In Islam, it is the husband's right to have sex with his wife whenever he desires, as long as she is not menstruating, she is in good health and neither of them are fasting.

According to Islam, is it permissible for the husband to force himself on his wife (bed his wife without her permission or when she is not willing) even if she is in good health?

  • This question seems related.
    – G. Bach
    Commented Aug 1, 2017 at 20:16
  • 1
    It’s sad seeing so many Muslims think this is okay because of a Hadith they don’t even understand. If Muslims think it’s legal for the husband to sexually assault his wife, then their understanding of this religion is very poor.
    – Shadi
    Commented Apr 5, 2018 at 2:29

2 Answers 2


A wife refusing sex (without the usual caveats: menses, Ramadan, medical conditions, etc.) would be a form of rebellion (nusyuz), which is a sin on her part. Nevertheless, there's limitations to what the husband can do in retaliation:

If the husband used violence to force his wife to sleep with him, he is legally a sinner and she has the right to go to court and file a complaint against him to get punished.
Dar Al-Ifta Al-Missriyyah

... the above does not in any way mean that the husband may force himself over her for sexual gratification. The Hadith mentions “the husband spends the night in anger or being displeased” which clearly shows that he must restrain himself from forcing himself over her. ...

... if the wife is ill, fears physical harm or she is emotionally drained, etc; she will not be obliged to comply with her husband’s request for sexual intimacy.
Darul Iftaa

Sheikh Assim Al Hakeem generally concurs with this in a YouTube video and states:

What is known as marital rape is sinful, but it's not a crime to be punished, to be punishable by law.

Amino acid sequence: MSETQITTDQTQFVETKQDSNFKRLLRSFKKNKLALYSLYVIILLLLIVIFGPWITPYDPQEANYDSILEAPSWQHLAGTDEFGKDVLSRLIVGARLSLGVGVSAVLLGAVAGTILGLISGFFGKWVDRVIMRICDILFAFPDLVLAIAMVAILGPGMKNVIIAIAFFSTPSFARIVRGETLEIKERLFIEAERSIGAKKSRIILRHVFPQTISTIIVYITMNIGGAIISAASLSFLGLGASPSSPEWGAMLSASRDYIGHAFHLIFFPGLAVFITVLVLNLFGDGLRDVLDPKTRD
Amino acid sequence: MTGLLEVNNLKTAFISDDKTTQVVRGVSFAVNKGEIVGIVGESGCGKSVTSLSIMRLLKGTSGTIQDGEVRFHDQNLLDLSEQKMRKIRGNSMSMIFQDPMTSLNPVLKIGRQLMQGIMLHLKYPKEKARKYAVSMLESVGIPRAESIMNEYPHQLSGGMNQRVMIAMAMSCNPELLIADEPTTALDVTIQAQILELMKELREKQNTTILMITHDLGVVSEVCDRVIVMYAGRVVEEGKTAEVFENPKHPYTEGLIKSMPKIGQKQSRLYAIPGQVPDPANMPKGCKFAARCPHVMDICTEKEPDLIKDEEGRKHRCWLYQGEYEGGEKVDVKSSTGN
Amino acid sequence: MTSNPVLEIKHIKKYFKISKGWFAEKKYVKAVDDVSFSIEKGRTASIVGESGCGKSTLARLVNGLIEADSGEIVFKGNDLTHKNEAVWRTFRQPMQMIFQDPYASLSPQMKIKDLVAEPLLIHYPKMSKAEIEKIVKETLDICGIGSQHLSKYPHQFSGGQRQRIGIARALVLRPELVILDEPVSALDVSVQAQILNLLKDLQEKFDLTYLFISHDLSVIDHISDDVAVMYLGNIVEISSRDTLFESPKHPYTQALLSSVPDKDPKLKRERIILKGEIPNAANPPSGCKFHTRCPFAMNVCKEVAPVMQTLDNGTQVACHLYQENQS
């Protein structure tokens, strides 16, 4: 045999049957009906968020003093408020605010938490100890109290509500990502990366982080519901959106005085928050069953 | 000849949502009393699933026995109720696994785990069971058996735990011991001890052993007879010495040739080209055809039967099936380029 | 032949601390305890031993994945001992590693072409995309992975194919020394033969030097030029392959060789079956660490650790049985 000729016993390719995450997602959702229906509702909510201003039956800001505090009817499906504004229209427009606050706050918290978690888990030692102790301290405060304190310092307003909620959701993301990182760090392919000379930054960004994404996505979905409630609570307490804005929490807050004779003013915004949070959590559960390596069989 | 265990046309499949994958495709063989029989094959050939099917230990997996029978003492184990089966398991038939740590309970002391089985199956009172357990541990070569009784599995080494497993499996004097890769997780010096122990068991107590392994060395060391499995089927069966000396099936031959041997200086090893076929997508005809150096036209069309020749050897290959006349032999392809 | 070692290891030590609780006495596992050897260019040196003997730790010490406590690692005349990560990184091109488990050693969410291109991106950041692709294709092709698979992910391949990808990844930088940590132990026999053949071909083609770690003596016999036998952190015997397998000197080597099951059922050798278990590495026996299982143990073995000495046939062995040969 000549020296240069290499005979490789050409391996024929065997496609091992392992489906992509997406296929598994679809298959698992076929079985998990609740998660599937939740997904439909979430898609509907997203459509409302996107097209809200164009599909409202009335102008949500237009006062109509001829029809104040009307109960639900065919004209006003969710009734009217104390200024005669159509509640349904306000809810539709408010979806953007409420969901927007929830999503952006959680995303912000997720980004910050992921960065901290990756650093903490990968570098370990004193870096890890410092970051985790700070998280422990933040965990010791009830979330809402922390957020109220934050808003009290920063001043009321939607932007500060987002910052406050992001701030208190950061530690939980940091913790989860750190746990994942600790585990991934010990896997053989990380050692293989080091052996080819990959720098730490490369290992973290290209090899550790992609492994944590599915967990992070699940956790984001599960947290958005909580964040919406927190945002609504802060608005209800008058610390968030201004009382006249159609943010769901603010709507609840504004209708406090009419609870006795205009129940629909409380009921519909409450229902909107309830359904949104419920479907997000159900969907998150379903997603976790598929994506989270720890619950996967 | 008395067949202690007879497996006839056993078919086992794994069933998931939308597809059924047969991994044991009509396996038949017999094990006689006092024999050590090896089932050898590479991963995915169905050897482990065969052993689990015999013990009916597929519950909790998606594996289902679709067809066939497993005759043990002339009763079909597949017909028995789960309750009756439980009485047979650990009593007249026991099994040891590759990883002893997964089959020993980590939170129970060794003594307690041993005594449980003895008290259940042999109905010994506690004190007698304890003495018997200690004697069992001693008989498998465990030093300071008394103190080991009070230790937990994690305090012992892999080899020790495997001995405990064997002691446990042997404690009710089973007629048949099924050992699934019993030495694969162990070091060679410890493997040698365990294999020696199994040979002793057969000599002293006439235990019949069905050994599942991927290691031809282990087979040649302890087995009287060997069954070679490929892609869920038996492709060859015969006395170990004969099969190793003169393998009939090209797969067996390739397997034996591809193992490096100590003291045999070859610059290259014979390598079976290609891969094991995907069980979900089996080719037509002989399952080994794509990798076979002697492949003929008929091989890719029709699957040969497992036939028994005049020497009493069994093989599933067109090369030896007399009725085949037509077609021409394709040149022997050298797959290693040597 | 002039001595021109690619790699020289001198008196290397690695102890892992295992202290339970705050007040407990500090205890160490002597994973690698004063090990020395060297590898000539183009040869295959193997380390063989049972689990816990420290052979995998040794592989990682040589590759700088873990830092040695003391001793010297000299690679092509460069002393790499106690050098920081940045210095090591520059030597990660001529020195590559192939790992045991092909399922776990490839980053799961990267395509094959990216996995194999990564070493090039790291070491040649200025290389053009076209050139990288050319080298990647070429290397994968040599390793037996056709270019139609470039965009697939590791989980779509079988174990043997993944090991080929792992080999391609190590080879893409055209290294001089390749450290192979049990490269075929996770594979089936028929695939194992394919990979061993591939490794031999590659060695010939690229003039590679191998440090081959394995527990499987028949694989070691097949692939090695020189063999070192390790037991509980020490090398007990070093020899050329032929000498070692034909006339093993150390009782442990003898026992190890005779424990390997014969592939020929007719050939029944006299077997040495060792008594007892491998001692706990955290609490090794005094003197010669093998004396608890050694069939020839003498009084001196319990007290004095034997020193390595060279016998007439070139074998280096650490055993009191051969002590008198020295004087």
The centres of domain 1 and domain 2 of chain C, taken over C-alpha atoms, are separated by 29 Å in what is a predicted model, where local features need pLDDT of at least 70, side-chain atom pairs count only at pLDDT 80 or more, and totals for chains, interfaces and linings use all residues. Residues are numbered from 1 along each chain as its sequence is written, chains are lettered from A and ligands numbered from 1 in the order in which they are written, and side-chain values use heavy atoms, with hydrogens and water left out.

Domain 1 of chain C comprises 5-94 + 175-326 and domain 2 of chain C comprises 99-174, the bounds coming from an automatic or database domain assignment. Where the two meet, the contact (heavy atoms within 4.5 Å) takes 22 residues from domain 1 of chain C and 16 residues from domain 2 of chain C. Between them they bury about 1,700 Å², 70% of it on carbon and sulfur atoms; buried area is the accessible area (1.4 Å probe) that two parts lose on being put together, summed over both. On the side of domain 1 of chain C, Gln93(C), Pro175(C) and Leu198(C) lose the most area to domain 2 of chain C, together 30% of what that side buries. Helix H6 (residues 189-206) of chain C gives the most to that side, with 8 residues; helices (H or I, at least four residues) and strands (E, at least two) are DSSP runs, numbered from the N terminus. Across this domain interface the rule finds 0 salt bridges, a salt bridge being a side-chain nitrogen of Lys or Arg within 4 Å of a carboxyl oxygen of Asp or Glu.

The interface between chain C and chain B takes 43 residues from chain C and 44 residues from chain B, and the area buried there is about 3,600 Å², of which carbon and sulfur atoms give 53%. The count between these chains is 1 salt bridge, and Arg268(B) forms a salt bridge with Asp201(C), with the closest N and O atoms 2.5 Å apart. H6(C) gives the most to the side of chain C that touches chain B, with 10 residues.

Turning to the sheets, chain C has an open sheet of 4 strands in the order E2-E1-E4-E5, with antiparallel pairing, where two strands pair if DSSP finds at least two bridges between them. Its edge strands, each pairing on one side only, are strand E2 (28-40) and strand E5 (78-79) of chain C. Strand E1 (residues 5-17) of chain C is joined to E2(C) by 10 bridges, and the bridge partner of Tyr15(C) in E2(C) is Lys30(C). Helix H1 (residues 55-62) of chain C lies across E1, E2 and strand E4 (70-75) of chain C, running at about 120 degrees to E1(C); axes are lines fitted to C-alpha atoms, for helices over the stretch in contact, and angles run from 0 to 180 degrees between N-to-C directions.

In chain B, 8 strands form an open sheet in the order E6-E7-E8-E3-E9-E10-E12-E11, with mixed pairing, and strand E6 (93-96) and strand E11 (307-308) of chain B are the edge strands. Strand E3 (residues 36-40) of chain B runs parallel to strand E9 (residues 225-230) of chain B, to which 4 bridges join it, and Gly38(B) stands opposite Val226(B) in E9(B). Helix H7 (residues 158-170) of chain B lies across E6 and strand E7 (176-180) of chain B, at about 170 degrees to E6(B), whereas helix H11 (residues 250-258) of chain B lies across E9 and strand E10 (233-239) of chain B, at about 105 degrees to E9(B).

The Qur'an recommends a path forward:

... But those [wives] from whom you fear arrogance - [first] advise them; [then if they persist], forsake them in bed; and [finally], strike them. But if they obey you [once more], seek no means against them. ...
Qur'an 4:34

So among the the Qur'an's recommendations is "forsake them in bed" (or "leaving them in separate beds" Tafsir al-Jalalayn); it doesn't recommend physically forcing her to obey, but instead getting her to return to obedience.

Moreover, Muslims are required to obey the law of the land (Darul Iftaa), so if spousal rape is illegal, then the husband would be committing a crime, which is a sin.

There are laws in some places where a husband may legally enforce his rights under Sharia Law. In Selangor, Malaysia, for example:

Section 60. ... a wife shall not be entitled to maintenance when she is nusyuz or unreasonably refuses the lawful wishes or commands of her husband ...

Section 130. ... Any woman who wilfully disobeys any order lawfully given by her husband according to Hukum Syarak [Sharia Law] commits an offence and shall be punished with a fine not exceeding one hundred ringgit [about $US 26] or, in the case of a second or subsequent offence, with a fine not exceeding five hundred ringgit [about $US 128].
Islamic Family Law (State of Selangor) Enactment 2003, sourced from esyariah.gov.my


Contrary to what some may believe, it is NOT permissible for a husband to rape his wife, although the term "rape" might not be used due to the presumption of mutual consent in marriage. But we start with the very first aya of Surat al-Nisa' (Women) 4:1:

O mankind, fear your Lord, who created you from a single soul and created from it its mate, and dispersed from both of them countless men and women. And fear Allah, through whom you demand your mutual rights, and (reverence) the wombs that bore you: Indeed Allah is ever, over you, an Observer.